Collateral damage: Hurting the little ones

Whoever causes one of these little ones who believe in Me to sin, it would be better for him if a millstone were hung around his neck and he were drowned in the depth of the sea…. Take heed that you do not despise one of these little ones, for I say to you, that in heaven their angels always behold the face of My Father who is in heaven.  (Matthew 18:6,10)

A friend texted this with an all-too familiar story.

The church has just run off a good pastor for no apparent reason other than the so-called powers wanted him gone.  When a little senior lady stood to protest and declare love for her pastor, she was ordered to sit down and be quiet.  Off to the side sat a young couple who did not stand up and protest, but who were grieving.  Their story, I was told, involves the pastor reaching her for Christ when she was  about to give birth out of wedlock.  In time, as a member of the church,  she married a fine young man and they had a child of their own.  They’ve been growing in the Lord, and they love their pastor devotedly.  Then suddenly–with no warning–they had the privilege of seeing him  brutally mistreated by a few church members who refuse to be accountable. Their beloved pastor was gone and no reasons were given.

No one cared about the senior lady and no one cares for the young family.  They are merely collateral damage.

Thus the Lord’s church gets mauled by the bullies and the “little ones who believe in Me,” as our Lord called them, are despised and abandoned.

There will be a reckoning, friend.  Mark it down in big letters.  The end of this story has yet to be written.

I will say that some people who are having their way now are going to find the Lord of the Church is unhappy with them.  I would not be in their shoes for all the money in the world.

Does it matter to these people?

What goes on in the minds of the church bosses, one wonders, as they go about their bullying tactics of running off well-loved pastors and running slipshod over the little ones whose only reason for being there is their love for Jesus?

–Do they care?  As the bigshots  play the role of generals planning battles, do they decide that certain numbers of fatalities are inevitable and that the little people are expendable?

–Or, is it possible  they lie awake at night worrying over the lives they have disrupted?

My own strong conviction is that these people–the church bullies who rule with a strong hand, hiring pastors and firing ministers as they please, running roughshod over the membership–are atheists.  Yes, some can cite a conversion time and some can pray beautiful prayers.  But by their harsh actions toward the Lord’s Bride  they are demonstrating a complete lack of faith in the living God.  They are proceeding as though there will be no accounting, as though they will not ever have to stand before a Holy God and face the things they have done.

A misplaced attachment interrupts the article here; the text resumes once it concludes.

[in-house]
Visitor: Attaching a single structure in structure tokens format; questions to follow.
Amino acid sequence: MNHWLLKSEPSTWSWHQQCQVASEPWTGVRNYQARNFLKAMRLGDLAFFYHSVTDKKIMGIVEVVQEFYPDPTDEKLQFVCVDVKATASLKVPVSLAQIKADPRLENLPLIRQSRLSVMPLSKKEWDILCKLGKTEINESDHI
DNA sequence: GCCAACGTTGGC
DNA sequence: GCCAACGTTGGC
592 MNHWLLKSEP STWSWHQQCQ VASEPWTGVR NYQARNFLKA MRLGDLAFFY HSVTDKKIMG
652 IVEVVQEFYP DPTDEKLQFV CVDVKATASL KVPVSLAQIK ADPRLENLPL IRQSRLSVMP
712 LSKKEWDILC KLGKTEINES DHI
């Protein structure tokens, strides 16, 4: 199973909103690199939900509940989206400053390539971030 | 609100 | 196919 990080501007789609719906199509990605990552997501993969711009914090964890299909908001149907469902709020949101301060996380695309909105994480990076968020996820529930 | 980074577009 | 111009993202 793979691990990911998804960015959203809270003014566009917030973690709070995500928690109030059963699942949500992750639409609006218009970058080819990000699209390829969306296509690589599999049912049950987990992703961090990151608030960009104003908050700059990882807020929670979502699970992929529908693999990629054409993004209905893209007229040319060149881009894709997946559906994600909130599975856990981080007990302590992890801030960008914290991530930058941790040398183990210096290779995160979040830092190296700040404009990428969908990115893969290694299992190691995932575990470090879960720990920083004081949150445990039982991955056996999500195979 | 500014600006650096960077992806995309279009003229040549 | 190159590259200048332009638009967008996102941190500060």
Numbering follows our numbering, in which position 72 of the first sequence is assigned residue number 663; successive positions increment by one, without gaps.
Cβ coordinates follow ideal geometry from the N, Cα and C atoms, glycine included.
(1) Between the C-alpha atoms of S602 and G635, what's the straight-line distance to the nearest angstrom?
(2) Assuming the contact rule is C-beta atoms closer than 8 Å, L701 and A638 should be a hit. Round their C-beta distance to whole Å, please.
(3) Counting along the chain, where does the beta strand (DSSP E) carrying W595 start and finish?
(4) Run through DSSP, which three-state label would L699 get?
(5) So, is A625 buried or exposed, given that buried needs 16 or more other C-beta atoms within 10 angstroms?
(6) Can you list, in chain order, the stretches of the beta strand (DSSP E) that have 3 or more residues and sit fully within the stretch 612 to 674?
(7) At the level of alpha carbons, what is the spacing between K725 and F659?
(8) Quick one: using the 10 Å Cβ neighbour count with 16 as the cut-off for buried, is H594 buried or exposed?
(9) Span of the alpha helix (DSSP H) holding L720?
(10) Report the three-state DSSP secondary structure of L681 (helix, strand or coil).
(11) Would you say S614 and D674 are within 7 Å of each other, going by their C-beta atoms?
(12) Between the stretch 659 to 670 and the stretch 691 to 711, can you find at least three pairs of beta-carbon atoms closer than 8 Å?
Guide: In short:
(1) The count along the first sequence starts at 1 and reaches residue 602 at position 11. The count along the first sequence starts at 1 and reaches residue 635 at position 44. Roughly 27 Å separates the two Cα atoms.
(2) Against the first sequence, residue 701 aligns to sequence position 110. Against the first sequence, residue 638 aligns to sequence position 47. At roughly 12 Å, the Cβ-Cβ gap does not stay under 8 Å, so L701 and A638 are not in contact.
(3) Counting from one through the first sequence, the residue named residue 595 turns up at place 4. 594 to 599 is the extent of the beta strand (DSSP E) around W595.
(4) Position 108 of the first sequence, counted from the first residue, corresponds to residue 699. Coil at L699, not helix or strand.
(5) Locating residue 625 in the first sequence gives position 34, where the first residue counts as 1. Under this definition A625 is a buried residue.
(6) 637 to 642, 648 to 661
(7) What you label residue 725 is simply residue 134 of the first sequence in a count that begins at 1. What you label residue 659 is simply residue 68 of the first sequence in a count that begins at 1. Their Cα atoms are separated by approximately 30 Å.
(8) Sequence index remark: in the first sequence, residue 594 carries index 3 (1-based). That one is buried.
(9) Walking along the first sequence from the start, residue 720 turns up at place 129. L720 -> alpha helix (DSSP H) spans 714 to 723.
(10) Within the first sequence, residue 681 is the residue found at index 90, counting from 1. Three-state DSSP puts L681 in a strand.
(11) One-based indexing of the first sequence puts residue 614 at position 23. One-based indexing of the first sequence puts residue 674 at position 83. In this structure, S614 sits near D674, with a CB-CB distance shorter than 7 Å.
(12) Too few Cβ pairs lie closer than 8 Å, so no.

Whatever they believe, they are practicing atheism.

Here’s what our Lord said about those who would be harassing God’s people in the days to come…

These things I have spoken to you, that you should not be made to stumble.  They will put you out of the synagogues; yes, the time is coming that whoever kills you will think that he offers God service.  And these things they will do to you because they have not known the Father nor Me.

And then He added:

These things I have told you, that when the time comes, you may remember that I told you of them.  (John 16:1-4).

I think it was Andrew Murray who said the most fearsome thought he had ever had was his accountability to God.

One could wish everyone felt the same.

I know a pastor who served churches all his adult life.  When his final church celebrated his retirement with a great gift and a lovely send-off, he and his wife closed the door on their ministry. Then, he did the most stunning thing.  He left his wife and ran off with the lady who had been his secretary.  Divorced the long-suffering lady who had seen him through good and bad and married the younger woman.

Twenty years later, I see them occasionally.  They look fine, happy, contented.  But what no one sees  are the ones hurt by what they did: the abandoned wife, the church members wounded by the poor example from their former pastor, the community at large losing faith in all pastors, and the name of Jesus.

When David sinned with Bathsheba, he thought it was a private thing between the two of them. But as it escalated, in order to, ahem, protect his image, he arranged for the death of her husband. And this, mind you, was a man called “God’s anointed.”

Eventually, the prophet Nathan confronted David with his sin.  David was surprised to learn that his sins had caused far greater damage than he had ever imagined.  God said to David:

–You have despised My word (2 Samuel 12:9).

–You have despised Me (2 Samuel 12:10).

–You have injured your family (“the sword shall never depart from your house”) (2 Samuel 12:10).

–You have delighted the outsiders (who are always glad to find dirt on God’s choice servants), and given them reason to blaspheme God’s Name (2 Samuel 12:14).

Let no one think that his/her sin is a private matter.

The good news, thankfully, is that our righteousness is far more far-reaching than our sins.  “The lovingkindness of the Lord is from everlasting to everlasting to those who fear Him and His righteousness to children’s children, to those who keep his commandments…” (Psalm 103:17).  When Exodus 34:6-7 says God “keeps chesedh (lovingkindness) for thousands,” we are told this means thousands of generations.

My faithfulness today will bless all who come after me.  Thank you, Lord.



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